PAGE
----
Symantec Could Face Hurdle Filling Network Security, Threat Detection Gaps

Symantec's long-term strategy to stay out of the network security market has kept it out of a white hot space, but some industry watchers say that approach will need to change as Palo Alto Networks and other competitors add on endpoint capabilities.

Symantec lacks a security information event management system and doesn't have a presence in the firewall market. It's archrival Intel Security (formerly McAfee) made key acquisitions as part of a network security strategy that included the purchase of Nitro Security and Stonesoft to add next-generation firewall capabilities. The McAfee unit also did some early integration work and launched a fully automated platform earlier this year, bridging the products in its portfolio.

Symantec announced plans to launch an advanced threat protection service, but it is late with detection capabilities compared to McAfee, Trend Micro and other endpoint security competitors and hasn't built strong partnerships with emerging, advanced threat detection platforms, said Jon Oltsik, senior principal analyst at the Enterprise Strategy Group (ESG). Oltsik, who is speaking this week at the Symantec partner summit in Phoenix, said the company's approach will likely change once it fully completes its breakup next year.

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"Symantec needs to follow a GE-type product matrix strategy by investing in successful and promising product areas and get out of all the others that haven't worked," Oltsik said. They have had strong services and some solid products, but they never have been able to integrate those well and there's always been some serious gaps in their portfolio."

While the company has been streamlining internally and overhauling its entire sales operation the security market has turned to a variety of platforms and security software for threat detection. Much of the interest has been on networking vendors like Cisco-Sourcefire, Palo Alto Networks, Check Point, Fire Eye and others that are extending their platform with endpoint components to identify and quarantine threats for further analysis.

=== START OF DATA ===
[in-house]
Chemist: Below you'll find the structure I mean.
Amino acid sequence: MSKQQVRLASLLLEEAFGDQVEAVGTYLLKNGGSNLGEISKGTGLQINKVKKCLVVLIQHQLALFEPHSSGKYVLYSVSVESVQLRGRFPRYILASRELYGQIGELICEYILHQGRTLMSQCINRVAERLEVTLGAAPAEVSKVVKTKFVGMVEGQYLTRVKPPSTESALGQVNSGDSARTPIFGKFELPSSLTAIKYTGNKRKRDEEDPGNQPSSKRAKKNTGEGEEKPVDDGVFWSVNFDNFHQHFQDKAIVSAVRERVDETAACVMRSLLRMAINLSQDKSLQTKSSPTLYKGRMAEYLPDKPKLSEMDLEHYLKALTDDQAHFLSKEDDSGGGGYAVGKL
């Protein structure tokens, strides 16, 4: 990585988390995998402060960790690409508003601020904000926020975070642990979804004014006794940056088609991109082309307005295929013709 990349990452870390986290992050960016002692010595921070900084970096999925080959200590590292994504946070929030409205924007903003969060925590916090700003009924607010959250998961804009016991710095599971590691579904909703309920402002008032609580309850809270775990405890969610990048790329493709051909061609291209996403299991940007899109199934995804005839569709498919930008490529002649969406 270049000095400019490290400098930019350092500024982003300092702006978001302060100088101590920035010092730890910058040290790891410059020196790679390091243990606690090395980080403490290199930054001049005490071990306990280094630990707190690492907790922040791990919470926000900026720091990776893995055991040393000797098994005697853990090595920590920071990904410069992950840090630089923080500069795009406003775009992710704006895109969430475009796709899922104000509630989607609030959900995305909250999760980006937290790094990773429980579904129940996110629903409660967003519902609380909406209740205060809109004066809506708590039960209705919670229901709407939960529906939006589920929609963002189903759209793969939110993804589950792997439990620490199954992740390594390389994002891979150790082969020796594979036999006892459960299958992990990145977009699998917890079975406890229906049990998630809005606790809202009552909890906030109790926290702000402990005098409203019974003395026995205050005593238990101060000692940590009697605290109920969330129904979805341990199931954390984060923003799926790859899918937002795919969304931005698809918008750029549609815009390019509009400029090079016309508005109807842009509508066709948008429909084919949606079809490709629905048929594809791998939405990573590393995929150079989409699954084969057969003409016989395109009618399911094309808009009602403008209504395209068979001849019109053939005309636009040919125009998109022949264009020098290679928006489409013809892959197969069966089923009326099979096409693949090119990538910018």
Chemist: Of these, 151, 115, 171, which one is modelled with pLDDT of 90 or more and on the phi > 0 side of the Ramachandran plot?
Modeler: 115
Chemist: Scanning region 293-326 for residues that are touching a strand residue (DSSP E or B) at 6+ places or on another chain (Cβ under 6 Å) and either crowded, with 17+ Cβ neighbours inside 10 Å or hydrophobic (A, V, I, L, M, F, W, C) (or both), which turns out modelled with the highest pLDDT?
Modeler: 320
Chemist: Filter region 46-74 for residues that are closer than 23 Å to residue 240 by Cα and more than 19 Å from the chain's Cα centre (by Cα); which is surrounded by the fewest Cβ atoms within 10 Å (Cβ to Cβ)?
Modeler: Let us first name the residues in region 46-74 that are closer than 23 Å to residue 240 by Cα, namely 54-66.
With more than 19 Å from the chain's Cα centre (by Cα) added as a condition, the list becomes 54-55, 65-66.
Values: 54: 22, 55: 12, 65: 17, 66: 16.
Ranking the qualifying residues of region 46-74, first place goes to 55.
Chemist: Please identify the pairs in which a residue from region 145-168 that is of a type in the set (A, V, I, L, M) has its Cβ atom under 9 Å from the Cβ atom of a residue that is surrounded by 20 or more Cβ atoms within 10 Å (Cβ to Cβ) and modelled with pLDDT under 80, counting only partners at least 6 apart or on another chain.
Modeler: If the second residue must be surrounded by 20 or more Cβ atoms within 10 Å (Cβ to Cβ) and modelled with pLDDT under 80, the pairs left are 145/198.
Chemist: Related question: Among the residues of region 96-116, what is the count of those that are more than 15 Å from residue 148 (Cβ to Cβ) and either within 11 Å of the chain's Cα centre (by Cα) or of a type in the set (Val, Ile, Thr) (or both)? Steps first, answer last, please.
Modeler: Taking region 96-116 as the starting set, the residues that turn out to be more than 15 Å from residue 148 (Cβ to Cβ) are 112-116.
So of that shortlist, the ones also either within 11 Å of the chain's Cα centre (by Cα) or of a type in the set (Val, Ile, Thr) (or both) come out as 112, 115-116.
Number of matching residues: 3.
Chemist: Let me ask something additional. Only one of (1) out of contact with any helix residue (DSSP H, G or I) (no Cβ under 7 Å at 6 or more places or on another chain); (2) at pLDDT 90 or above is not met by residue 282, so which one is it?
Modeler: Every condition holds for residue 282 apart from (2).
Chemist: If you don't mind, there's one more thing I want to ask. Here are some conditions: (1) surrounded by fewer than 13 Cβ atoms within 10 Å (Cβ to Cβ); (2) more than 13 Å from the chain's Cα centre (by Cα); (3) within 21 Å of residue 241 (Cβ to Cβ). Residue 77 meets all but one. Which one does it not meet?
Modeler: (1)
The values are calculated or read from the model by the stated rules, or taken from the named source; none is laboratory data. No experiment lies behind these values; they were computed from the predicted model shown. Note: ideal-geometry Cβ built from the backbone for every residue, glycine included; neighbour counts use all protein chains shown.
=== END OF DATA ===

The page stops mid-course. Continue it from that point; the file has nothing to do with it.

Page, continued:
"They have had a couple of CEOs that were inwardly focused and that put other vendors in a better position, "Oltsik said.

Symantec COO Stephen Gillett told CRN, at the partner summit in Phoenix this week, that the company sales executives will review the Symantec breakup plans and recommit to partners continued support of the current channel program structure with no major changes. Sorting through changes to the sales operations during the transition are two industry veterans.

Symantec named Adrian Jones, a former Hewlett-Packard channel chief, to lead Symantec's global security sales during the transition. Brett Shirk, a Symantec sales veteran, will lead global sales for the information management portfolio.

"Our line of sight to our program only goes until the separation is expected to conclude by the end of next year," Gillett said.

Symantec partners should gain by talking with sales people that are knowledgeable about its specific products and know what the end buyer looks like, said Kevin Wheeler, founder and managing director at Dallas-based information security services company InfoDefense. Partners need to look to "the end goal," Wheeler said, calling the portfolio split a significant improvement.

"People might get distracted during the division of the companies but at the end of the day I have to look at the long-term benefit and I can only see long term upsides for my business and for Symantec's customers," Wheeler said.

Symantec's portfolio has some strong areas that are likely to remain at its core. It's encryption acquisitions of PGP and Guardian Edge is in the first stages of integration, Sherman said. Symantec's Vontu acquisition places it in the upper right of Gartner's Magic Quadrant for data loss prevention.

"There's a lot of security product areas to be encouraged by and a lot of room to be optimistic about the potential if they can innovate like they say they will," Sherman said. "Symantec's traditional strength is in endpoint protection but I expect they'll probably continue to be challenged by all the vendors in the space to detect advanced threats."

IBM paid a premium, as much as $1 billion according to some estimates, for Trusteer to add its Apex, advanced threat detection capabilities to its security portfolio. It also acquired Q1 Labs in 2011 for its analytics capabilities and is using it as part of its big data security strategy, according to analysts. Other security vendors are emerging to tackle data security in cloud-based services or provide authentication and activity monitoring of services as the endpoint becomes more porous and employees more mobile.

Remaining vendors and some emerging security startups could be acquisition targets once the dust settles on the Symantec split and the new Symantec security company is freed up to potentially execute on an M&A strategy, said ESG's Oltsik.

"They can close the gap in network security by focusing on analytics, build out their already strong services and integrate products to work across the whole portfolio," Oltsik said.